Doing hard labor

They don’t call it Labor Day weekend for nothing

Rok nightclub
Denise Truscello

Saturday, August 30, 6:30 a.m.

Aaaaaaaaaaaaack! OhsweetJesusohmyGod. Ugh.” I honestly haven’t thrown up from anything that wasn’t germ-related in a long, long time. But it’s Saturday morning and I’m mid-Labor. (No, not like that.) Mid-Labor Day weekend.

Paris Hilton and chef Back at the grand opening of Yellowtail Sushi.

Paris Hilton and chef Back at the grand opening of Yellowtail Sushi.

And here, getting down with my toilet as I am, I think I’ve come as far as I’m going to go. I binged on all the Labor Day weekend festivities that Thursday, Friday and early Saturday morning had to offer. Now, lying on my bathmat, awaiting the next wave of ick, I find myself with time on my hands, time to reflect on my evening and wonder where it all went wrong.

Friday, August 29, 10 p.m.

I arrive at the Yellowtail grand opening just ahead of the Hilton sisters, amid a chorus of cheers and jeers—for them, not me. Hemmed in on all sides by giggling girls in clingy, crotch-skimming dresses, I chortle, “These girls are gonna get shoe-throwing drunk tonight!” oblivious to the foreshadowing. Not too far away, a collagen-plumped blonde relieves a server of his entire platter of sushi and scarfs it. Realizing that we’re not going to be able to wrestle any hors d’oeuvres away from her, we steal over to Fix for mac & cheese and donuts.

Primed and ready to rock—er, Rok—we book it at 1 a.m. to New York-New York for Rok Vegas’ grand opening weekend, narrowly avoiding the scary foreign men who mistake us for under-dressed hookers. Hrmmm, for a club called Rok, I’m a little peeved to be greeted by house music followed by a whole lot of hip-hop. Luckily, I’m in lust with other aspects of the club; I can overlook our differences in music choices.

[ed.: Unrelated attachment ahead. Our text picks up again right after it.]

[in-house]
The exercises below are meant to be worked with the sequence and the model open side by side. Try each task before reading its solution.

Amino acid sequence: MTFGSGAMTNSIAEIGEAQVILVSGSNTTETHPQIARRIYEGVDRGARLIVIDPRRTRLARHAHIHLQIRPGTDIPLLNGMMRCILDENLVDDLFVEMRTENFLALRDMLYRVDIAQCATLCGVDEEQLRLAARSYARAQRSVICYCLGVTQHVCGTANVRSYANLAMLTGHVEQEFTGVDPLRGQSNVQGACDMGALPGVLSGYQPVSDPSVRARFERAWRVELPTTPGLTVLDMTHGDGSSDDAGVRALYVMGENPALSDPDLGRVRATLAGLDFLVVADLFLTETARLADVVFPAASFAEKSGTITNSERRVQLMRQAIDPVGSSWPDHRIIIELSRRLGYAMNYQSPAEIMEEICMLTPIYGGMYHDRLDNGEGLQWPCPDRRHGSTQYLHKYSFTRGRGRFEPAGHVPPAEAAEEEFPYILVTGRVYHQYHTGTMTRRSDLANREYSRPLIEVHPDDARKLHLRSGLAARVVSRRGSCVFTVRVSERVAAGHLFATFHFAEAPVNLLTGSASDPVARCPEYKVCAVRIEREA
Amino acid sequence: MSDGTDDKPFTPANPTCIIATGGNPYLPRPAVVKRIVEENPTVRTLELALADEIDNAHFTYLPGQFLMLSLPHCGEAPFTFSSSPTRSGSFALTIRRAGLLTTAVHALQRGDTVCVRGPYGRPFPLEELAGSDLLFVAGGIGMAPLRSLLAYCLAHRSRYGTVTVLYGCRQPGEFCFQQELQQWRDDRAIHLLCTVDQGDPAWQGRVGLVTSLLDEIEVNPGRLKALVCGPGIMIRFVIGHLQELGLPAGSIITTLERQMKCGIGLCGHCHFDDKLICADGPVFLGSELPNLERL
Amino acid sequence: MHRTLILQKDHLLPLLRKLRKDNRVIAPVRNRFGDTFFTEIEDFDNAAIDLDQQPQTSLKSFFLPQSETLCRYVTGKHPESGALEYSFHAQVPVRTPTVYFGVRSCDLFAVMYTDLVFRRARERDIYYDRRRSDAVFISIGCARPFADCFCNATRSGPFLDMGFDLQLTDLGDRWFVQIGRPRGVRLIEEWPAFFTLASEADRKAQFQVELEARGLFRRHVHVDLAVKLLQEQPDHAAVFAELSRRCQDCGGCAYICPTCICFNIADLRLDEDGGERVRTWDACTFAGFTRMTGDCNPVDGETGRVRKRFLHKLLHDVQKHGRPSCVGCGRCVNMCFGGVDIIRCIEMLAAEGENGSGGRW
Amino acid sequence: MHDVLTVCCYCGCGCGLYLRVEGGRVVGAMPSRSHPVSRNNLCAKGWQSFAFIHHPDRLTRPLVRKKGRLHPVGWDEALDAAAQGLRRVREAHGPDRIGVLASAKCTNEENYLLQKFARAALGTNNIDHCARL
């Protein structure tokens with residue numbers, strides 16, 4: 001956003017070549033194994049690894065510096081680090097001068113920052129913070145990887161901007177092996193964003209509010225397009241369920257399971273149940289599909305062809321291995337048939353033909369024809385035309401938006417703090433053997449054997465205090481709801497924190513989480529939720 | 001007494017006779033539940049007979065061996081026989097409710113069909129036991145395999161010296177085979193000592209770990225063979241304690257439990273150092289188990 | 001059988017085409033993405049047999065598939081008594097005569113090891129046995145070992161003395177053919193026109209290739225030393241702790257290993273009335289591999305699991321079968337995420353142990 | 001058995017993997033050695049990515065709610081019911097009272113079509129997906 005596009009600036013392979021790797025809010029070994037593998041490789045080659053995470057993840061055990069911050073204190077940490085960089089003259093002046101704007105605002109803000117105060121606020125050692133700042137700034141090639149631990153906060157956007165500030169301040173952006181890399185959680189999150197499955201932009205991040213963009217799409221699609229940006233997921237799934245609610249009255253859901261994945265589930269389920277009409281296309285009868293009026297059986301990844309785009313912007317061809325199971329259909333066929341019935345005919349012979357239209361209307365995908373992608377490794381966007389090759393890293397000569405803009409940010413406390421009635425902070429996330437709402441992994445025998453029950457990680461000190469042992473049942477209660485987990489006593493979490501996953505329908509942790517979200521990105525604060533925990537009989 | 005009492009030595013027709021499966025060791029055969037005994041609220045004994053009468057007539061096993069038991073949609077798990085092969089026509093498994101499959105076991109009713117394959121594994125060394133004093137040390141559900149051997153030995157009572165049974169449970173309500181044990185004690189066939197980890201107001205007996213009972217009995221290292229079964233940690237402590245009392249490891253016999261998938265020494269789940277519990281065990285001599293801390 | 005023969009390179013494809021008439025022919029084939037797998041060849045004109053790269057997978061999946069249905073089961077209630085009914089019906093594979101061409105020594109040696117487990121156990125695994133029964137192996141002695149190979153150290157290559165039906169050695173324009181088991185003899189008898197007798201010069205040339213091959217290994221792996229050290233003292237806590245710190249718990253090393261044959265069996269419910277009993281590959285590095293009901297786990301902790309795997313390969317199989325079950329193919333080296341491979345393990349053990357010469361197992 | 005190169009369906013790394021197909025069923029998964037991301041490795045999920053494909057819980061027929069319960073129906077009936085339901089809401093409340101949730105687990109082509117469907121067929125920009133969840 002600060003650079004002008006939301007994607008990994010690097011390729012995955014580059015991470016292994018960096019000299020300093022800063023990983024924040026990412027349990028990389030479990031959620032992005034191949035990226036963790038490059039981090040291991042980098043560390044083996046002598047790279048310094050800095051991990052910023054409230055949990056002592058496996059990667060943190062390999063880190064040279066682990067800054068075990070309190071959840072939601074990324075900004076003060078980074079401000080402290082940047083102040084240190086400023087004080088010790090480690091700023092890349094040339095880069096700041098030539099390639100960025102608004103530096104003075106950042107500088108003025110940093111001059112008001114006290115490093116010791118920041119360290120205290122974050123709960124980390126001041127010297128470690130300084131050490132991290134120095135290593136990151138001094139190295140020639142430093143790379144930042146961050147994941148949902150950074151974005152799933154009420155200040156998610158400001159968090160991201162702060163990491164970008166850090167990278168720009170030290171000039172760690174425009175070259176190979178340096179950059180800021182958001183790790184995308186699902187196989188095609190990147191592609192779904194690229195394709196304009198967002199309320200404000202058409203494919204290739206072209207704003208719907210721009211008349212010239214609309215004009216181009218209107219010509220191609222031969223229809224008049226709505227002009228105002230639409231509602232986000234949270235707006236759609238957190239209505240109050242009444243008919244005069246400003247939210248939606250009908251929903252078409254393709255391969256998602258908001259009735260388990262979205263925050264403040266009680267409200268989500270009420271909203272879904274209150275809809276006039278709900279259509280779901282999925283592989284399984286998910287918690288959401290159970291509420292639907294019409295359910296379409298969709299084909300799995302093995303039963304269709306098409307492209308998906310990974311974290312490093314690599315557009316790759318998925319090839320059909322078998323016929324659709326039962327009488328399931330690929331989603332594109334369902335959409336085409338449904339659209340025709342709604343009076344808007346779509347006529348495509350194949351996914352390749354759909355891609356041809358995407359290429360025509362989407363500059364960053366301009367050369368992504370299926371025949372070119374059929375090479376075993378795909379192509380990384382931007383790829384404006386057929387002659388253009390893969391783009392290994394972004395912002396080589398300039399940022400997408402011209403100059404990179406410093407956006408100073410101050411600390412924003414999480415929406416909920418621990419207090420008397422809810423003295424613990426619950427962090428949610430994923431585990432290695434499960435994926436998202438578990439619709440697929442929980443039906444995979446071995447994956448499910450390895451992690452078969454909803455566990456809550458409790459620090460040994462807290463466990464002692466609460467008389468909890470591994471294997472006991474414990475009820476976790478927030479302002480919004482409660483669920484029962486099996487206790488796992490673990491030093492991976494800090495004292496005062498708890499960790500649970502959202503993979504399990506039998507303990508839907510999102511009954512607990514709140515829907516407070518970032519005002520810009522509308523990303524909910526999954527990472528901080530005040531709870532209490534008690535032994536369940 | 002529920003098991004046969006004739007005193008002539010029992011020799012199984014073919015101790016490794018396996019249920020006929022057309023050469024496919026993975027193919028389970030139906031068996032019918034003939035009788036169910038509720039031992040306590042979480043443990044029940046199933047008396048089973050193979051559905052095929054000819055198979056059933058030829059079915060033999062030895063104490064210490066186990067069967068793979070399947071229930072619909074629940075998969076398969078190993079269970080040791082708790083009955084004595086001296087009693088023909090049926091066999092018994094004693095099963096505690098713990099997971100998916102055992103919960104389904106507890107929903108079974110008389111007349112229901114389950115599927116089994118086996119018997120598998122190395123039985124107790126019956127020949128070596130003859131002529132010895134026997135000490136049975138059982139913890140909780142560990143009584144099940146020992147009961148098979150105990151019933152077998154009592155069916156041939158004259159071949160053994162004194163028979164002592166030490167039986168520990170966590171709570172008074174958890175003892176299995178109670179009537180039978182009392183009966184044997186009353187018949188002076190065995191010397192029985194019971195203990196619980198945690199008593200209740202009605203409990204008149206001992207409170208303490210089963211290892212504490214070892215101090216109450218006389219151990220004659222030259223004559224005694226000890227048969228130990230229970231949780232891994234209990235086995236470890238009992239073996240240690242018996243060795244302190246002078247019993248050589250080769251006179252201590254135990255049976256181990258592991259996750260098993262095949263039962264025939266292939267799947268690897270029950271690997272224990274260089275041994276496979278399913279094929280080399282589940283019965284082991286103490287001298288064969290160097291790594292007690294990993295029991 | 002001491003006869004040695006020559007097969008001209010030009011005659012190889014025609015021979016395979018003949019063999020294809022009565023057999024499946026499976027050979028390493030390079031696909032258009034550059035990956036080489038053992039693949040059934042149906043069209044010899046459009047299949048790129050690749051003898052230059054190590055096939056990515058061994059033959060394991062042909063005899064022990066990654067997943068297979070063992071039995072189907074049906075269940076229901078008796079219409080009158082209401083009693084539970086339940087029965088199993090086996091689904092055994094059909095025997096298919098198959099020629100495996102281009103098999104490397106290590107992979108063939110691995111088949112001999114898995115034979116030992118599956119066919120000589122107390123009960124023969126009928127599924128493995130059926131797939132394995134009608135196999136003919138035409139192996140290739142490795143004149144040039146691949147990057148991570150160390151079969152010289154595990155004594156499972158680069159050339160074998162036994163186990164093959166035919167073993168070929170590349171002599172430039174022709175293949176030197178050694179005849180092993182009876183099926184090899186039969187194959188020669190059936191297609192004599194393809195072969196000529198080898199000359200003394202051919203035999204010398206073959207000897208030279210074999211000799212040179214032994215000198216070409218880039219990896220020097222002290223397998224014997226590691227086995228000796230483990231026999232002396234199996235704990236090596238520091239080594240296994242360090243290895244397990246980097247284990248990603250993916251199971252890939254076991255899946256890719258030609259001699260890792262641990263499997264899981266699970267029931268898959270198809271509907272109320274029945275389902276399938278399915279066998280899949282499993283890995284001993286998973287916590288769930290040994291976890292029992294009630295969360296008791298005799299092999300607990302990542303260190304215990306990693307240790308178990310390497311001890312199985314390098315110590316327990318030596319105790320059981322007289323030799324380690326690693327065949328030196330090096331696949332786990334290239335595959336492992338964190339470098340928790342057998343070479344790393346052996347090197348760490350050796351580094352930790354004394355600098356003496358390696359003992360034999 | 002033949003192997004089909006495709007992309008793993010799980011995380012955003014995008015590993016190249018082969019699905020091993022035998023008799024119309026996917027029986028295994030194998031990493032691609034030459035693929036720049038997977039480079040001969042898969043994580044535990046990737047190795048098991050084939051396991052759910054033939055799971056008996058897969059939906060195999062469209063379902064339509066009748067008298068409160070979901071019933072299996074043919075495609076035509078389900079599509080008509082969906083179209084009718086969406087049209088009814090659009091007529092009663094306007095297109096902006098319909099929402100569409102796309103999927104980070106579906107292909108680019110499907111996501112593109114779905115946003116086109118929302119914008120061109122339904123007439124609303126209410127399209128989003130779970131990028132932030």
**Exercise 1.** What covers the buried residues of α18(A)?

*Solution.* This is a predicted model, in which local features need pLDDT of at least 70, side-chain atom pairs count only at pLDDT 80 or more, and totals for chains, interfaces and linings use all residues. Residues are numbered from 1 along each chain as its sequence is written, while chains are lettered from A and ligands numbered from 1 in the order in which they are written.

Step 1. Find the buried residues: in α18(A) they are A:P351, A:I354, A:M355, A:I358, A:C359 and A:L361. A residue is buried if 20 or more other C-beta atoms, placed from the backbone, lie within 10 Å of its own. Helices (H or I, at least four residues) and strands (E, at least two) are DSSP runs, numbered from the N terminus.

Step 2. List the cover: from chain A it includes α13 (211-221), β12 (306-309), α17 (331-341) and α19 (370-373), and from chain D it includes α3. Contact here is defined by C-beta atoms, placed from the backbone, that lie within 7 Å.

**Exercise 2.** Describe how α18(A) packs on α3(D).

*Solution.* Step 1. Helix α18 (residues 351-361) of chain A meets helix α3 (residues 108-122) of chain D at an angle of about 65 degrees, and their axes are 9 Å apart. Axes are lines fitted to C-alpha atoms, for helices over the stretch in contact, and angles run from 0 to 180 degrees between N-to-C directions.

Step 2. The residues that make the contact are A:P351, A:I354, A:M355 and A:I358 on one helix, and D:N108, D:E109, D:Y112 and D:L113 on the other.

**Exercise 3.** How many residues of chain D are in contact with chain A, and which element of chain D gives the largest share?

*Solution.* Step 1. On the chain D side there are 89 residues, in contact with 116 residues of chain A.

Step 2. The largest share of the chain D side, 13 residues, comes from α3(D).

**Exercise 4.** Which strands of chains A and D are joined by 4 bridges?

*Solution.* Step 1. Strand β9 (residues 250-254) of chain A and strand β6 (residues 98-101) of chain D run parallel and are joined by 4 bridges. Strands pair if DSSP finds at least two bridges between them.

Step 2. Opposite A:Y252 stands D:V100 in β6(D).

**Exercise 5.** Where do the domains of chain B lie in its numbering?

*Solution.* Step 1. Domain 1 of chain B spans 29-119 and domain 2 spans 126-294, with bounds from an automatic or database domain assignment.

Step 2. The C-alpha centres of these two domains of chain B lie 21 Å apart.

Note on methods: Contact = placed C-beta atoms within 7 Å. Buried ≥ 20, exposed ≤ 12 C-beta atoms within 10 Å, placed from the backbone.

Rok Vegas @ New York New York


Club Guide
Rok Vegas

The high entrance, modeled after Rok Miami, hints at the soaring main room ceiling, industrial chic thanks to plenty of exposed piping. Lipstick red walls and black snakeskin-embossed leather booths in tiered nooks ring the small, rectangular room. Behind the main bar, pointed out GM/partner Ethan Asch during my tour earlier in the week, are Rok’s signature residents: three lenticular black and white portraits of ladies made up like rock royalty Billy Idol, Sid Vicious and Pat Benetar.

High above the dance floor and main bar, a 360-degree oval screen flashes with crystal-clear images of custom cars, spinning rims, skulls, flames, flowing lava—it’s like the best screensaver ever. VIP tables flank the DJ booth as well as the stage, which can serve out its performance purpose with the removal of the railing and the stowing of some modular seating. Rok may soon incorporate live music further into its lineup but for now, this is a nightclub with a kickin’ stage, not the other way around. And it sounds like the music will bend towards popular opinion, no matter what the club’s name.

Approaching the wee hours, Rok’s DJs throw us a mash-up marathon racing from Michael Jackson to Kiss to Fall Out Boy, Outkast, and the Presidents of the United States of America, then back to Twisted Sister and the Go-Gos. And then, almost jokingly, Chubby Checker. Drinks fly off the center dance floor’s go-go box so a couple can hump properly and somewhere between a “Crank That (Soulja Boy)” and Shop Boyz’ “Party Like a Rock Star” I break for the exit. I may heart Rok Vegas but I hate Labor Day. “It’s too much work!” I say, blowing kisses to security, reemerging on the casino floor. The remains of the day bring us to Lavo at Palazzo, which we close and then to Noir Bar for Ken Hall’s dessert-inspired cocktails.

“OhsweetJesusohmygod. Aaaaaaaaaaaaack! Ugh.” Decadence, thy name is peanut butter and jelly martini. “And you, Labor Day Weekend,” I curse the morning light from my bathmat. “I’m not through with you yet. Till next year!”


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